What can the Tenant Fees Act 2019 teach us about the Renters (Reform) Bill?
The Tenant Fees Act 2019 was the last big piece of legislative change in the English lettings sector, so here's what agents can learn from it ahead of the Renters (Reform) Bill.
The Tenant Fees Act 2019 is often mentioned in the same breath as the Renters (Reform) Bill, as a comparable piece of legislation that transformed the private rented sector. Coming into force in the same year that the Renters (Reform) Bill was first announced, the fee ban changed the relationship between agents and tenants.
Early-adopters saw success
The ban made it illegal for agents to charge their tenants fees when they rent a property and set limits on how much tenants could be charged for holding and security deposits.
The vast majority of agencies got well ahead of the process changes - and the revenue changes - the ban would bring. That adaptable mentality will stand agents in good stead as we head into the new renters reform world.
Although agents were predicted to lose up to 20% of their income, many found new ways to earn and become more cost effective. Those that didn't, fell behind.
Even the agents that moved early on the Tenant Fee Ban wished they hadn't waited for a change in legislation to increase their profit margins through the new and improved processes and services that they implemented.
So, if you haven't started yet, there really is no better time than now.
Process changes mean more streamlining
Agent processes will change once again under this new bill. This is simply another chance for your agency to start taking advantage of better ways of operating and streamlining your business at the earliest possible point.
Tenancy agreements will have to be amended - and the government should provide those templates. Landlord terms of business will need to adapt to include new clauses too, with the end of fixed-term tenancies.
This is a constant area of risk and cost to all agents, which is why Goodlord can provide automatically updated templates to all its customers as standard.
Fee structures to be adapted
The ban also gave agents the chance to look at their fee model, conversions, and missed revenue streams - and adjust costs accordingly.
This new legislation is the same. Start thinking about your fee structure, and consider transitioning to rolling, monthly fees - if you haven't already - with a single upfront payment to cover admin costs.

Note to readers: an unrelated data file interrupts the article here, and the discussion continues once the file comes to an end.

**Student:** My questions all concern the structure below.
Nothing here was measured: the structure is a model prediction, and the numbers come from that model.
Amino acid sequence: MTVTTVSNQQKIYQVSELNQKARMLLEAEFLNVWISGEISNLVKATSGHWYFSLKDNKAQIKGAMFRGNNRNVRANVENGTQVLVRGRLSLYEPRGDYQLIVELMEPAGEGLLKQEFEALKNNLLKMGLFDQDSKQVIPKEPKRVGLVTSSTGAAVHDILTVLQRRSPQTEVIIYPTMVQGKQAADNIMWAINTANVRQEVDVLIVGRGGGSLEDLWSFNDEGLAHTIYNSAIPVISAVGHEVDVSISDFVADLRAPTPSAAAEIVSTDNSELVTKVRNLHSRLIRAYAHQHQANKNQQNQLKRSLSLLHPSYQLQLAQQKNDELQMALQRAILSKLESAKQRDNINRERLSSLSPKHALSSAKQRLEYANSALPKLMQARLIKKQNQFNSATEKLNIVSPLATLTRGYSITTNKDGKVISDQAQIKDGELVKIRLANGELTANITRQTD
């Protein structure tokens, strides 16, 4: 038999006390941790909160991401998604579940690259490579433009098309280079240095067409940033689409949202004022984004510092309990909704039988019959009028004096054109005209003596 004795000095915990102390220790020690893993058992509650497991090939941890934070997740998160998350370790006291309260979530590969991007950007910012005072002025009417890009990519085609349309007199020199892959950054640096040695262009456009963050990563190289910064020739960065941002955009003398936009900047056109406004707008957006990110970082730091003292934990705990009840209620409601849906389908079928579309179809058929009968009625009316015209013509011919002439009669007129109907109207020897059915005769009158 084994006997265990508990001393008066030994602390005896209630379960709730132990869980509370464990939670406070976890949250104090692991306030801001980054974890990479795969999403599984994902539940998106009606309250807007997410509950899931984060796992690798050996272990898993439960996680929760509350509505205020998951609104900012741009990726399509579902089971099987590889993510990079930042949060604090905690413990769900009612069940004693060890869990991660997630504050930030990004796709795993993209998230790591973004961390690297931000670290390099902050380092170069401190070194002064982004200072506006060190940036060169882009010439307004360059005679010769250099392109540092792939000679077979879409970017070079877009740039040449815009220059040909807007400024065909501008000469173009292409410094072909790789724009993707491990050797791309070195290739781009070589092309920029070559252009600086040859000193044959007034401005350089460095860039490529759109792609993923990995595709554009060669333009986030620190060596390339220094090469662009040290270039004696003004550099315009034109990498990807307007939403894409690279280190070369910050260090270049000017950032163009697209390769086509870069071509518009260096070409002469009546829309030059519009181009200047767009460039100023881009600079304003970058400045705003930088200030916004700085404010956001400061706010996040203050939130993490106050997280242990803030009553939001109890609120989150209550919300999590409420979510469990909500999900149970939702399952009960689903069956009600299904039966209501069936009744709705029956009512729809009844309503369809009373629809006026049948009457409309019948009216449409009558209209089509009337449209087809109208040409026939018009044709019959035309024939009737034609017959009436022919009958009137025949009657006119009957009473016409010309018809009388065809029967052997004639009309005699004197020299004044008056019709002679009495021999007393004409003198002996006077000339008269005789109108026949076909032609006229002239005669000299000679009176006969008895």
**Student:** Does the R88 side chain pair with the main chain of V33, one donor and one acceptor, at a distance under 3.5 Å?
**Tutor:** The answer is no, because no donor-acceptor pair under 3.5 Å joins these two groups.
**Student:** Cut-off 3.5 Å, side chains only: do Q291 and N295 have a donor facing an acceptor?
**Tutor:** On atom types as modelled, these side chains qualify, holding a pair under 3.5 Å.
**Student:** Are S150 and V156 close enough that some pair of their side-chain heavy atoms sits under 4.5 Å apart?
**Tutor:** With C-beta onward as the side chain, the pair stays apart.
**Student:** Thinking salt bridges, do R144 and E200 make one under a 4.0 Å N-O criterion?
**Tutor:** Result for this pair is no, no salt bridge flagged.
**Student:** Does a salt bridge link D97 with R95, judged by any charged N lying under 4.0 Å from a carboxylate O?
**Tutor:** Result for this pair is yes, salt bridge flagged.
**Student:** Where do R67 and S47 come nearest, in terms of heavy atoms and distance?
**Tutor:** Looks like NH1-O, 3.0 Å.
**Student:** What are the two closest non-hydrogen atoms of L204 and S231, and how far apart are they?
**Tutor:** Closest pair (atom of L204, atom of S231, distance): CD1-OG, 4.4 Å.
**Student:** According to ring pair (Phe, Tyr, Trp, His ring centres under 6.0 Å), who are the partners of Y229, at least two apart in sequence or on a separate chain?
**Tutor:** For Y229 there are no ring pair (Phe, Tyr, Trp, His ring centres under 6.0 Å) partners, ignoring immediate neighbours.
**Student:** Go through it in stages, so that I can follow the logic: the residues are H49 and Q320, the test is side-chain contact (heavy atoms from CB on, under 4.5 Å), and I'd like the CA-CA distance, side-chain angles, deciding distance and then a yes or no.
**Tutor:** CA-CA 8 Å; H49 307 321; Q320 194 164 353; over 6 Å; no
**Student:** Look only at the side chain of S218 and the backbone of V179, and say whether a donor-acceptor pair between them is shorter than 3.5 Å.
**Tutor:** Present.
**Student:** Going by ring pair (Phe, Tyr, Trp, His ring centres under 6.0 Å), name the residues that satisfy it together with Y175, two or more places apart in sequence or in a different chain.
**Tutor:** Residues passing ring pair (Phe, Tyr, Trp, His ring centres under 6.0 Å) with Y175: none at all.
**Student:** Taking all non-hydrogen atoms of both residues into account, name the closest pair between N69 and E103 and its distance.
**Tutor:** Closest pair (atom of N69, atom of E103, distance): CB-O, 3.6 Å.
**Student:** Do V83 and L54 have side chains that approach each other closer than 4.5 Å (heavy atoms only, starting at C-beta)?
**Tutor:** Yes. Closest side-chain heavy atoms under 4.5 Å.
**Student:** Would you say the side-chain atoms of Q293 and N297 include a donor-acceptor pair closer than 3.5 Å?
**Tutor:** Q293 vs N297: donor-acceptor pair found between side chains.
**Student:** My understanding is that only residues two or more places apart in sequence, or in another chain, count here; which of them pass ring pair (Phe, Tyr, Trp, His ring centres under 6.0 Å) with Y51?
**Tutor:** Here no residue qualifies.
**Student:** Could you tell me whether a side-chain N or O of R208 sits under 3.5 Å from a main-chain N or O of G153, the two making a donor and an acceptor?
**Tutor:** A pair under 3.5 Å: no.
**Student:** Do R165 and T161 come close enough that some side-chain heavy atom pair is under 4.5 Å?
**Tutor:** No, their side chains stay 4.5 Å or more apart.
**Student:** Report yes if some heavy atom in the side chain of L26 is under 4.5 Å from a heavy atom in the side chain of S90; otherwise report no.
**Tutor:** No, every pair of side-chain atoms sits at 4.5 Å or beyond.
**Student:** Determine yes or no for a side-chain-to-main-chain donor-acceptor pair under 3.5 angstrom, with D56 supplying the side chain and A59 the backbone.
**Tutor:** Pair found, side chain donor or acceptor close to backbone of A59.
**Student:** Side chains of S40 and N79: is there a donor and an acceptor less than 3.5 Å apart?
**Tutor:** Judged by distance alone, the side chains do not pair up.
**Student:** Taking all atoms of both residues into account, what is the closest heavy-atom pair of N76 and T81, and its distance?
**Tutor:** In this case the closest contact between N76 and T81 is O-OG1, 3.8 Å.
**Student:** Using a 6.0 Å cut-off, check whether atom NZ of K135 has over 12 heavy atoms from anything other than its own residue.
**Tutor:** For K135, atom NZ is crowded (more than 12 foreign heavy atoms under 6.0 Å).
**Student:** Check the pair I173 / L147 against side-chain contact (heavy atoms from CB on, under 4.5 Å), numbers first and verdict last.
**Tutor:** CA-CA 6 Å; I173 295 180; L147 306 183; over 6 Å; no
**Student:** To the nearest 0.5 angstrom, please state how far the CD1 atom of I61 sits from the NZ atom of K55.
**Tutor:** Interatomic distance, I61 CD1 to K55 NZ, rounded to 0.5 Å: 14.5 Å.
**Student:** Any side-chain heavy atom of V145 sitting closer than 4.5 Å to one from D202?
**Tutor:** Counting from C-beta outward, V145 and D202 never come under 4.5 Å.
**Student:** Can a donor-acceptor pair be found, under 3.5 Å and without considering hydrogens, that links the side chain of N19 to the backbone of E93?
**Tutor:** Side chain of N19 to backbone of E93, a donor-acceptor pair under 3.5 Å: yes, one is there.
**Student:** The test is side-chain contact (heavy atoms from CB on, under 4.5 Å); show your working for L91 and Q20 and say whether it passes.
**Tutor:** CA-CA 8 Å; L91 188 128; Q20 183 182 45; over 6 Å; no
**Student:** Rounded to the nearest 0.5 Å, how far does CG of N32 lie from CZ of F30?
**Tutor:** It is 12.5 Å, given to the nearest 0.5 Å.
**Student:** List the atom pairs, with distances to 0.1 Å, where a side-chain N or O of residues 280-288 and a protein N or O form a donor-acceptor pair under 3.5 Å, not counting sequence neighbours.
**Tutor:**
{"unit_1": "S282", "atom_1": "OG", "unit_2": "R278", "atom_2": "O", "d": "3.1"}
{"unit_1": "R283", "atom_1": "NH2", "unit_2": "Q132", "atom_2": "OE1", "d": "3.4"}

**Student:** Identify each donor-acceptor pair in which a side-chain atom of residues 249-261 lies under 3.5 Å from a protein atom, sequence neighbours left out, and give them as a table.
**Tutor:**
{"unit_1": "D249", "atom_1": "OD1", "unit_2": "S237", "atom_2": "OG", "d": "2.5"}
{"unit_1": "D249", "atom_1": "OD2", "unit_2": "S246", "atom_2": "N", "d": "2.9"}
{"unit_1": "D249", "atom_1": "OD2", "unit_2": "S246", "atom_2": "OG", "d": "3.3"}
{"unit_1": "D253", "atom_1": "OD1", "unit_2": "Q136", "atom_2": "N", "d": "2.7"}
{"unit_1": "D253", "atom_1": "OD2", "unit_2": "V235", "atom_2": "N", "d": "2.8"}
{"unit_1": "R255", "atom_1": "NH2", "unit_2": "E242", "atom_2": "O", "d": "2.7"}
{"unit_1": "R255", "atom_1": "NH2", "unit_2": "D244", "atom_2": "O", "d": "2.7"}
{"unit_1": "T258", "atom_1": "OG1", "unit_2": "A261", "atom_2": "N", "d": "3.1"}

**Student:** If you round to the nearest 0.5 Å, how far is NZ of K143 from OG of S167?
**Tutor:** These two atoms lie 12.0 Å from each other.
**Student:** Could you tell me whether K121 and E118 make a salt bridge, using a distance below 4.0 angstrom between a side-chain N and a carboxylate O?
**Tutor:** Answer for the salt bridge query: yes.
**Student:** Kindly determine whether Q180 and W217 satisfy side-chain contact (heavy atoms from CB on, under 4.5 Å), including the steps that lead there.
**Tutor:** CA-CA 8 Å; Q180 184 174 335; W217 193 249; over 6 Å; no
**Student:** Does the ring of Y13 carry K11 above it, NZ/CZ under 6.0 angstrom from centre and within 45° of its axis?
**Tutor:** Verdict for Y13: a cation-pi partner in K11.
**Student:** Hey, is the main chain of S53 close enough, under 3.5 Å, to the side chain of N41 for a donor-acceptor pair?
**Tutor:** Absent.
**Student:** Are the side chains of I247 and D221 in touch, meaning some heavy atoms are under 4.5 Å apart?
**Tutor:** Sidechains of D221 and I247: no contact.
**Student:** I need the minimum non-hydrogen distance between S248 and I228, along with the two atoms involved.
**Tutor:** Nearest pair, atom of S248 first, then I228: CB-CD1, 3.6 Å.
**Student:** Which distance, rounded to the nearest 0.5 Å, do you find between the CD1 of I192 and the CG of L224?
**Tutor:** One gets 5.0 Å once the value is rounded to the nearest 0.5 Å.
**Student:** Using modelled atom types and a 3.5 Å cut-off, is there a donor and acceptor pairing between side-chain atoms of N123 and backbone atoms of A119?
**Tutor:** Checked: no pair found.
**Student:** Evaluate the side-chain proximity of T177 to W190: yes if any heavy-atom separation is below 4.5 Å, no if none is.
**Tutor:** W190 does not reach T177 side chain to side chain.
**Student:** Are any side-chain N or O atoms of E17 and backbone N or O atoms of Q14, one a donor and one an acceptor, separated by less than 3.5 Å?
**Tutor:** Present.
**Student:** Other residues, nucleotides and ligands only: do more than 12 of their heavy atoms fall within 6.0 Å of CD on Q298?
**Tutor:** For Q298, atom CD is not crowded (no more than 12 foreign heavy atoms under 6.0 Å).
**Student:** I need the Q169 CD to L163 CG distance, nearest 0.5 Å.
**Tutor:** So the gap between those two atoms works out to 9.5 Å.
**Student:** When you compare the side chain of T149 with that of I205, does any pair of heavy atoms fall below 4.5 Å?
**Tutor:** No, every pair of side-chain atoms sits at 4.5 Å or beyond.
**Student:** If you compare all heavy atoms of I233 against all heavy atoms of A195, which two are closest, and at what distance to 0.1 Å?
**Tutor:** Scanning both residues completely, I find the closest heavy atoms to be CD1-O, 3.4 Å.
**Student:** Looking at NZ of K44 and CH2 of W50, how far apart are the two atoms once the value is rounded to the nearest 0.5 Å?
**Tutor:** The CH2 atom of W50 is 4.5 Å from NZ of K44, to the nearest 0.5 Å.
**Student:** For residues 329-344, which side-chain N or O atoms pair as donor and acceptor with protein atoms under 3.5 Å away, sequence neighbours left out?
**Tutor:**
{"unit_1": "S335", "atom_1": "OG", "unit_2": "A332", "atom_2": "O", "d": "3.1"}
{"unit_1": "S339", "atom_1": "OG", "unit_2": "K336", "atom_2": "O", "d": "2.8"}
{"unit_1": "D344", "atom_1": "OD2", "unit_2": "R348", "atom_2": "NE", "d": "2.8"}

Speak to your let-only landlords - have they realised that managing their own property is more difficult than they envisaged? Is now the time for them to lean on you more for rent collection or even full management?
Do your homework and see if they've missed any compliance steps, or if they're out of sync with the market rates for rents, to demonstrate immediately the impact that you could have.
Consider how you can incorporate a rent review service too and make the most of those extra touch points with your landlords. You can use this as a chance to take over managing other properties in their portfolio - or help them find their next investment - while offering services to support that process.
Reassuring landlords around their biggest concerns
It's not just your business that you have to prepare. Under the current proposals, there are a number of positives for landlords, including (but not limited to):
- stronger eviction powers under section 8
- the ability to still increase rent annually if justified
- a better quality standard of home for all stakeholders
If you and your teams are not communicating this now to your landlords, who will?
Act now, and benefit early
Although the fee ban can give an idea on timelines, the truth is that we don't know when the Renters (Reform) Bill will come into play.
The Tenant Fees Act had a 13-month gap between it being delivered to parliament and its implementation on 1 June 2019. It followed a similar, two-stage path to that proposed in the Renters (Reform) Bill for its new tenancy system. First, new tenancies were affected. Then, a year later, all existing tenancies were captured by the new rules.
However, that doesn't mean that we should take this same time period as gospel. Why? More MPs are landlords than letting agents - and they will therefore be more affected by this bill, which may have consequences on how quickly it can progress.
"There's going to be a lot more MPs with a stake in it," said Ryan Heaven, Solicitor at Dutton Gregory, in our latest webinar.
"More people will petition their MPs to protect their interests. I think there's going to be a lot more discussion about this, and discussion ultimately means delay. If I had to put money on it, I would say it's going to take longer than for the Tenant Fees Act."
More clarity is needed around many of the building blocks of the bill, but there's enough detail there for agents to start to plan - the earlier, the better.